Spurwink School's Future Use

Plans to house historical society in former Spurwink School continue to move forward

The town is moving forward with plans to house the Cape Elizabeth Historical Preservation Society in the former Spurwink School building, next to the Thomas Memorial Library on Scott Dyer Road.

Joseph Chalat, town resident and architect, has been meeting with town officials and members of our historical society to seek input about the renovation of the Spurwink School. He shared concept drawings at our well attended September meeting. In November, he will share more information with town government officials.

To read a brief history of the library, click here.

To read the Spurwink School Reuse Committee's March 29, 2018 report, click here.

Historical Society to Digitize Collections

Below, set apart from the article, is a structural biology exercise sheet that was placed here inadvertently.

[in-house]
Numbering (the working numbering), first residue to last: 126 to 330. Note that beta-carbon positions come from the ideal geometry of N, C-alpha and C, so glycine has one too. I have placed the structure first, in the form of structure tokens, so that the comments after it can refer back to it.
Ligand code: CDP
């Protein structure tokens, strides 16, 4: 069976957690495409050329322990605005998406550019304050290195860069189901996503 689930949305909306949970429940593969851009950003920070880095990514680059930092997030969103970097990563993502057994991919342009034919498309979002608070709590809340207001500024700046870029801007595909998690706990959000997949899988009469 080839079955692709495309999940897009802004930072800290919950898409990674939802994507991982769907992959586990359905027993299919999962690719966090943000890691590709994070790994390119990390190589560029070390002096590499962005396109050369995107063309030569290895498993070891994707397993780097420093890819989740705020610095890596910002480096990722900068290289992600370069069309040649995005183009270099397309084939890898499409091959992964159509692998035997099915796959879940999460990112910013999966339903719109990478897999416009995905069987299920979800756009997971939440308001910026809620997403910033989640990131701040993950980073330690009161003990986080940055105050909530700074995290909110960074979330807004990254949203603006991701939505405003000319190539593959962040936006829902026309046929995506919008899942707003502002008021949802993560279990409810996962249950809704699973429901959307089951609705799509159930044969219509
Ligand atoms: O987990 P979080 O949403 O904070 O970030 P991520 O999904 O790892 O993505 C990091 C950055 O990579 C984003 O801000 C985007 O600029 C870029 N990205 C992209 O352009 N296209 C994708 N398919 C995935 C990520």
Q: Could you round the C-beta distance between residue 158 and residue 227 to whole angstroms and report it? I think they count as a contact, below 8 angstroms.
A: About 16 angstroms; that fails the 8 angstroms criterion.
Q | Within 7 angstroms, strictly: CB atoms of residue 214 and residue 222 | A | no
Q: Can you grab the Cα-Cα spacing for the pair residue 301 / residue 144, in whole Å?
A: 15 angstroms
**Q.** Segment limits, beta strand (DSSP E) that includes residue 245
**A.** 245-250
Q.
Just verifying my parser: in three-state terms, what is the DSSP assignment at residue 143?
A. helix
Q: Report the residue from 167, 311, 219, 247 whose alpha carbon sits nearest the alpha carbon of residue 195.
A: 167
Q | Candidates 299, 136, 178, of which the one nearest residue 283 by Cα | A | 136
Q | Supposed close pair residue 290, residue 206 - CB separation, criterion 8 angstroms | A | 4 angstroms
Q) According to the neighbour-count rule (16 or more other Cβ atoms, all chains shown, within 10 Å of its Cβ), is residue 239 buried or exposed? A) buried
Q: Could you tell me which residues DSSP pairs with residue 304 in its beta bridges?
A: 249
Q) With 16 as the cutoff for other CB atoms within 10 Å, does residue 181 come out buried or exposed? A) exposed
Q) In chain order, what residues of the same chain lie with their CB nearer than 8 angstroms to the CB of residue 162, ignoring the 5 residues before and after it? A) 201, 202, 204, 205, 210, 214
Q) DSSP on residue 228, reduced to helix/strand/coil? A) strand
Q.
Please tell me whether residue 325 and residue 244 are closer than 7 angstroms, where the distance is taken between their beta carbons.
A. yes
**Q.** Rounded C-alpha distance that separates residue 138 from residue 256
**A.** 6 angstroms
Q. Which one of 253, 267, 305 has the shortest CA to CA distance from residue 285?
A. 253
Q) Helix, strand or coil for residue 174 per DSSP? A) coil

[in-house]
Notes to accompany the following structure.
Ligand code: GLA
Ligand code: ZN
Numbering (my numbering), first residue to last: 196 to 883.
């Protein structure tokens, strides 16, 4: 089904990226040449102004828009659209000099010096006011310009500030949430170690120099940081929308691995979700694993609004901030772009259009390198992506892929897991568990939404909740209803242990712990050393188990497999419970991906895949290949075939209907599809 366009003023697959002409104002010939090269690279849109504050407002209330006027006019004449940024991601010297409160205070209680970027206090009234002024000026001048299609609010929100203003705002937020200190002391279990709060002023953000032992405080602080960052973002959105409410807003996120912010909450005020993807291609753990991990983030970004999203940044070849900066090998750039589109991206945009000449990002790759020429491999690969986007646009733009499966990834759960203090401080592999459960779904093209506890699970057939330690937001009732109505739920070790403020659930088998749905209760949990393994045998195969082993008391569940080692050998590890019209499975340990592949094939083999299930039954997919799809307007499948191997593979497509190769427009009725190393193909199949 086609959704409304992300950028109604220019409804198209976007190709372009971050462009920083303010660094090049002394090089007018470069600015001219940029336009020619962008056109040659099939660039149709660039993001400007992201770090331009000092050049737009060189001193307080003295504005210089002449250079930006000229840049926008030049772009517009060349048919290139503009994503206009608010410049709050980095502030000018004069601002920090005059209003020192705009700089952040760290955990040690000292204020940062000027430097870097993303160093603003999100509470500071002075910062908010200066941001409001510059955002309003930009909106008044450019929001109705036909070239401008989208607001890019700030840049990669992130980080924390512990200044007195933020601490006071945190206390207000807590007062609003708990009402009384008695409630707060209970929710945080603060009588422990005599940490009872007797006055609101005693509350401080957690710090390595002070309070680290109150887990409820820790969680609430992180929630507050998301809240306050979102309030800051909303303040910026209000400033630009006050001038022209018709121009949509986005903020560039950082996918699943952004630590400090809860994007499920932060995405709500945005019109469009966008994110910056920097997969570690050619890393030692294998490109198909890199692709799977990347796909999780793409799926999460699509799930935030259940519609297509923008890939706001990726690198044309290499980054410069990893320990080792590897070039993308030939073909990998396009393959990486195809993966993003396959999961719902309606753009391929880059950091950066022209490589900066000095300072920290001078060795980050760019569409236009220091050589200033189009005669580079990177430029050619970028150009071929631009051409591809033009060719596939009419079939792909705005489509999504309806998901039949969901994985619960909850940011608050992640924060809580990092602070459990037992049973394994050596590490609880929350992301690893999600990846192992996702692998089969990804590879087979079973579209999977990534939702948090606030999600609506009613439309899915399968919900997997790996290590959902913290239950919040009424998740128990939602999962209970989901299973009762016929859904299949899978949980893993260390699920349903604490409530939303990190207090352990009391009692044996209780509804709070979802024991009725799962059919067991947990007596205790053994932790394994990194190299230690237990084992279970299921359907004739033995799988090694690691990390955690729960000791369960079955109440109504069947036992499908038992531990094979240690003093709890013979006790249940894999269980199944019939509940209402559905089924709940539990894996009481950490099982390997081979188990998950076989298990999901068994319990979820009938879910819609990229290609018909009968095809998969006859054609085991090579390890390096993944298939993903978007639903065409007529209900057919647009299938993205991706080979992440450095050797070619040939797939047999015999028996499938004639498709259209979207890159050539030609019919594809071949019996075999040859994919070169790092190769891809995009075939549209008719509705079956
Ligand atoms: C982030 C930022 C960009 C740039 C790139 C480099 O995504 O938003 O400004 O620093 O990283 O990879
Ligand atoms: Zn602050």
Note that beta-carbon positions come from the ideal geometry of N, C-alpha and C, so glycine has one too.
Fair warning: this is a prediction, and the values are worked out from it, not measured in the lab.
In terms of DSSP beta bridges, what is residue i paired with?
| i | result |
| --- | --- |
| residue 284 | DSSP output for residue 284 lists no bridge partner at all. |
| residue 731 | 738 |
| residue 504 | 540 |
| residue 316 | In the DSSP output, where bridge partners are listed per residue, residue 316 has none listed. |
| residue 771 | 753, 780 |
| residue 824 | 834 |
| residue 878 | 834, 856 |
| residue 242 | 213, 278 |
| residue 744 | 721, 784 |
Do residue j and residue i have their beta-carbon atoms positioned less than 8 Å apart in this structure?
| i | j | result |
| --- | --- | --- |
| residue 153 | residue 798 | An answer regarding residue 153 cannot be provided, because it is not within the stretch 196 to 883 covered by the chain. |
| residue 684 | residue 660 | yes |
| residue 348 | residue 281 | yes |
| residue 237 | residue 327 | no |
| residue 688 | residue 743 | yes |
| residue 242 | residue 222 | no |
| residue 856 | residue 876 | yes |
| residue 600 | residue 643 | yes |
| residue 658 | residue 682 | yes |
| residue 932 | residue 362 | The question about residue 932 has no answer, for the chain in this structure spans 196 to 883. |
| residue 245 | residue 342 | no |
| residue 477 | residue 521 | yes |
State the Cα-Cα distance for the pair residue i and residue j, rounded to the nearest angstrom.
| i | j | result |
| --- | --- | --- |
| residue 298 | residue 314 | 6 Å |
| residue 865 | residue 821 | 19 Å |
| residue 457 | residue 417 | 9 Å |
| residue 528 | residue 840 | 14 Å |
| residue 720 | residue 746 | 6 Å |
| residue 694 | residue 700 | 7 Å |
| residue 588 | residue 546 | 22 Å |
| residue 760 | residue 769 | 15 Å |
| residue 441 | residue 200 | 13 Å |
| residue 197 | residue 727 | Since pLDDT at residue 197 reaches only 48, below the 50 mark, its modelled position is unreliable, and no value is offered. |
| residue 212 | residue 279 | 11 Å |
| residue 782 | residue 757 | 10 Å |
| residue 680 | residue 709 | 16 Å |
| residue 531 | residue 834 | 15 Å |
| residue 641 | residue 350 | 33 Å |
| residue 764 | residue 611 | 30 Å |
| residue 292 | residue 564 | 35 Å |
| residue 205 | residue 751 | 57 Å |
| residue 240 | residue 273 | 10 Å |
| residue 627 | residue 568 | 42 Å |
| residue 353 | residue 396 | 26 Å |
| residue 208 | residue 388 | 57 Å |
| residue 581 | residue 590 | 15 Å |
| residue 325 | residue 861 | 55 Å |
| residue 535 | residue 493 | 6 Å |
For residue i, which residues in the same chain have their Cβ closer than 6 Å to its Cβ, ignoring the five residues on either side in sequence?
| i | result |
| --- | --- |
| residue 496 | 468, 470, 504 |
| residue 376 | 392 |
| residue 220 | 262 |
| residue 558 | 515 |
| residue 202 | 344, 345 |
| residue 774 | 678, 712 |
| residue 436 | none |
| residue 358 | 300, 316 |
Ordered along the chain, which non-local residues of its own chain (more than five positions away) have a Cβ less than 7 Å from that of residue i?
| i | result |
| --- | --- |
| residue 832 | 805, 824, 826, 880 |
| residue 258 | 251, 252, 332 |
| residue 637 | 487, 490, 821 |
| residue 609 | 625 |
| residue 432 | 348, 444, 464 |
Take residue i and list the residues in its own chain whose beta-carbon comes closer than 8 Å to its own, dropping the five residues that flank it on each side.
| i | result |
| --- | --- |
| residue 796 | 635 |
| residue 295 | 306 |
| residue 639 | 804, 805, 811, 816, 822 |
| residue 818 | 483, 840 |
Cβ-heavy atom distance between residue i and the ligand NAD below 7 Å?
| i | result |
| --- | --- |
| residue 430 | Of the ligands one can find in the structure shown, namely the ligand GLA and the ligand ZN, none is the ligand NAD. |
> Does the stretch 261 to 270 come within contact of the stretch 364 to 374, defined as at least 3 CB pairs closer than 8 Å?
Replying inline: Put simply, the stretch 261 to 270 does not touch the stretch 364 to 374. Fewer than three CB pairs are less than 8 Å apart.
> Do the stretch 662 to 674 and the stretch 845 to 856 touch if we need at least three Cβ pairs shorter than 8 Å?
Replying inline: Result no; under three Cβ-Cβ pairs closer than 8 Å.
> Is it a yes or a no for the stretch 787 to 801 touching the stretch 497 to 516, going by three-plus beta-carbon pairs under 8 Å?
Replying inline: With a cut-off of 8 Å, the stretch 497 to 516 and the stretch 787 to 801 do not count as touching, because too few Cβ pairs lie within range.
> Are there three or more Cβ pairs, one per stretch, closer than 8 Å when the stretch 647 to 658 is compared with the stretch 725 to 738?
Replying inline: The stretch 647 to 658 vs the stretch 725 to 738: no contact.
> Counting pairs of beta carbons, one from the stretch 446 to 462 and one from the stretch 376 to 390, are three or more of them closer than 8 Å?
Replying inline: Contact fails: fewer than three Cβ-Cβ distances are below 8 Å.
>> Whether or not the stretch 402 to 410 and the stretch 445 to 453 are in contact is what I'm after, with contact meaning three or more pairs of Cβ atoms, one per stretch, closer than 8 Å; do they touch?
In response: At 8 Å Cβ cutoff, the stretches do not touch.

Cape Elizabeth historians, history lovers and students soon will have town history available at the touch of a few keys. With a donation from Cape Elizabeth’s Sprague family, the Cape Elizabeth Historical Preservation Society recently acquired “PastPerfect,” a software program that digitizes museum and historical society collections. More than 9,500 libraries, museums and historical societies nationwide, and more than 60 organizations in Maine use the software, created in 1998. “The society extends its sincere thanks to the Sprague family. With this program we can integrate our archives – documents of all kinds – with photographs that have been, or will be, digitized and entered into the program,” CEHPS member Ellen VanFleet said. “The program also manages the whole array of objects in our collection – everything from artwork and posters to clothing, arrowheads, toolboxes and life preservers. The system will link the society’s digital assets to its catalog records, so “in one search we will be able to link our documents, photographs, objects and book collections as well as audio and video files,” Van Fleet said. “We will be able to search for items related to one person – for instance Pomeroy Jordan – or one family – for example, the Spragues – or a specific topic [such as] trolleys or hotels, or farms.” A simple search of “Goddard Mansion” in Cape Elizabeth would yield a rich variety of results: “photos and news articles and two objects – a piece of the marble cornice from the mansion and [Col. John] Goddard’s personal music book – and links to the Goddard family, including a framed family photograph as well as articles about the town’s efforts to preserve the mansion,” Van Fleet said. “By digitizing our town’s history, information will be at our fingertips – and yours, when we finally link records to a long planned website.” The society seeks volunteers with basic computer skills and “a curiosity about what is hidden in the society’s collections” to work on the project on Monday and Thursday mornings, Van Fleet, said. Call Van Fleet at 767-4175 for information about volunteering.